"My personal experience and readings convince me that preservation
of wild places is the best of American traditions.
Wilderness is at the heart of the nation.
It tells one generation what is right and lasting about
all generations and about the land itself."
—Michael Frome


Protecting Open Space Should Be Paramount

By David Gibson

Something’s not right when the APA stops writing about open space protection in permits for Resource Management and Rural Use lands – precisely where the State Legislature places great emphasis on open space and resource protection.

The latest example is the draft permit now on the APA website authorizing 15 new residences on 590 acres in Resource Management overlooking the High Peaks, to be accessed off Route 73 near Adirondack Loj Road in North Elba. This subdivision (Barile, Project No. 2016-0114) is up for a vote by the APA Thursday.

In the draft permit for Barile’s North Elba subdivision, project impacts and some mitigation to limit impacts of the 15 new homes, driveways, and accessory buildings are listed for a lot of resources, including Visual, Wetlands, Habitat, Soils, Surface Waters, Groundwater, Invasive Species, Vegetation, Infrastructure, Historic Sites or Structures, and Nearby Land Uses.

But not open space protection.

Nowhere in the Barile permit is there any mention of the impact of the subdivision on “the open spaces that are essential and basic to the unique character of the park” (APA Act). Preserving this unique character and the active land management actions make it economically viable are at the heart of the 1973 Resource Management classification affecting 1.5 million acres in the Park.

It’s true that the residences, guest buildings, and driveways in this draft permit are proposed on 110 acres in the north end, and that the remaining 475 acres to the south on either side of North Meadow Brook are being left largely undeveloped. That’s good. But, the permit doesn’t state why that’s good.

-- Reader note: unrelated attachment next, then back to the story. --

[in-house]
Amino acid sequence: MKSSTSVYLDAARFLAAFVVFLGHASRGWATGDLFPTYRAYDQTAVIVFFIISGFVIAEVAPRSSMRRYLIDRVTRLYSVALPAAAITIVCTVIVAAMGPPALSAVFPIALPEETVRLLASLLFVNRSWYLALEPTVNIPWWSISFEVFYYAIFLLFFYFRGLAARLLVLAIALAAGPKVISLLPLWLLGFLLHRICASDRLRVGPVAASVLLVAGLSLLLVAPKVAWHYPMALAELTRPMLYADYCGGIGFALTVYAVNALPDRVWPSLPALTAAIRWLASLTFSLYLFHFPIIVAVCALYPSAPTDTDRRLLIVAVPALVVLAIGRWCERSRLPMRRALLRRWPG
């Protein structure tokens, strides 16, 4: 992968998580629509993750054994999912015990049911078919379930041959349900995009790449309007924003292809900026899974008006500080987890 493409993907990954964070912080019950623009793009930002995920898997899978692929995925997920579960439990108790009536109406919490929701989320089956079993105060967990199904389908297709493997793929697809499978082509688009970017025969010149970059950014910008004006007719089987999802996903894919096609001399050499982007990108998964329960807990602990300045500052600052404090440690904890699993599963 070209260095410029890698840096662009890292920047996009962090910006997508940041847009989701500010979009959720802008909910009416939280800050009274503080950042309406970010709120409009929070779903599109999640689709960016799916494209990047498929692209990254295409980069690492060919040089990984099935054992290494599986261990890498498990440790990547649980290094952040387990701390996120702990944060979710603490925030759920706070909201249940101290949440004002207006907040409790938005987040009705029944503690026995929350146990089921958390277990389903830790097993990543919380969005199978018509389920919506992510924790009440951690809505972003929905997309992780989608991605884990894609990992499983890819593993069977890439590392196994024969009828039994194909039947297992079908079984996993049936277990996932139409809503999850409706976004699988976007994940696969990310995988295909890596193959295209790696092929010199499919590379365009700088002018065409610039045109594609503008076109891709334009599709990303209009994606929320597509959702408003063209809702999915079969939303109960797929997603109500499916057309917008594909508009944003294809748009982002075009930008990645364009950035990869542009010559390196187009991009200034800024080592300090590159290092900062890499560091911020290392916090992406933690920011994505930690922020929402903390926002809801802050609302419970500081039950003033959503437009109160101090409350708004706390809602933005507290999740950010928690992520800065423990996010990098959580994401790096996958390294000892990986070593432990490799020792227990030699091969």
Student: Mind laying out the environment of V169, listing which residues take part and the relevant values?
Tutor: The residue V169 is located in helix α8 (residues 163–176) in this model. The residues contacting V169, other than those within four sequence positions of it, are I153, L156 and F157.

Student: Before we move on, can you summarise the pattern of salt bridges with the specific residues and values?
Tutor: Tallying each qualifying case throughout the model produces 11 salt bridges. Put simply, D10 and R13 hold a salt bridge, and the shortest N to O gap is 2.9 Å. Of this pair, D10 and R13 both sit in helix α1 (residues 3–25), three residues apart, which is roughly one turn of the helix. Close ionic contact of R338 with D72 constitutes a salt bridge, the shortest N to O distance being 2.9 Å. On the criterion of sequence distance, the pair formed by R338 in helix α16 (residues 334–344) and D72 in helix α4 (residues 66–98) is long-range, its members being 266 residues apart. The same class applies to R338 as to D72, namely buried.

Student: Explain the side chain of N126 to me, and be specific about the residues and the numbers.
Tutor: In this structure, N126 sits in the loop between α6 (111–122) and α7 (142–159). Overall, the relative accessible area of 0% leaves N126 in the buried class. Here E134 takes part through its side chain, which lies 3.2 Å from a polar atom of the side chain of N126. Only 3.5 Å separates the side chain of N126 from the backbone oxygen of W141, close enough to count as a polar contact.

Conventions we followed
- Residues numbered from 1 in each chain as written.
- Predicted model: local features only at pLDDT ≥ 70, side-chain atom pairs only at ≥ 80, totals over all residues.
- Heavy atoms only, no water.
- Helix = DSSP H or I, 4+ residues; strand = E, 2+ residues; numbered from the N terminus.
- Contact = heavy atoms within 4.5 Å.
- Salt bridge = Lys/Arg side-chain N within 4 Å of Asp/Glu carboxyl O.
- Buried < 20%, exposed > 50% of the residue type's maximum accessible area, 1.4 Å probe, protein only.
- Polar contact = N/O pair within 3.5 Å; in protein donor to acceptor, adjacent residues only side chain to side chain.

Nor does it ask and answer key questions pertaining to Resource Management (RM). Could the 15 new residential lots be designed to be more compact, designed so that their impacts on open space resources and wildlife, impacts which extend far beyond the actual building footprint, overlapped with each other rather than spread across 110 acres? We don’t know.

Under the draft permit each residence ranges from 5 – 12 acres. Why couldn’t the agency insist on a generous 5 acres per lot maximum and save a lot of habitat? The permit doesn’t offer any information here either.

The permit allows up to an acre of each lot to be cleared of trees and another half-acre per lot to be cleared for “filtered views” of the High Peaks. Why so much tree cutting authorized?

Three field days were spent by an ecological consultant conducting natural resource inventories of birds, mammals, vegetative habitats, etc. Is that sufficient in the most protected private land classification? Of the habitats that were identified, were the values of those habitats to sensitive Adirondack wildlife properly assessed and was that information applied to the project layout? One learns nothing about any of this in the permit language.

Open space uses are primary, says the law. Residential purposes of RM lands are secondary. Resource management lands “are those lands where the need to protect, manage and enhance forest, agricultural, recreational and open space resources is of paramount importance because of overriding natural resource and public considerations. Open space uses, including forest management, agricultural and recreational activities, are found throughout these areas.”

In recent APA practice, residential uses in RM seem to have become primary and open space uses secondary without any change in the law. Much was argued and written about this at the contested Adirondack and Resort, but I don’t have to refer to the ACR to press this point. In 2015, a permit was written to New York Land and Lakes Development for 24 new residences on 1100 acres of Resource Management in Bleecker, Fulton County. As with the Draft Permit for Barile, no mention was made in that permit of open space uses and resources, and how the configuration of the subdivision would be protective of open space and resource management in compliance with the APA Act.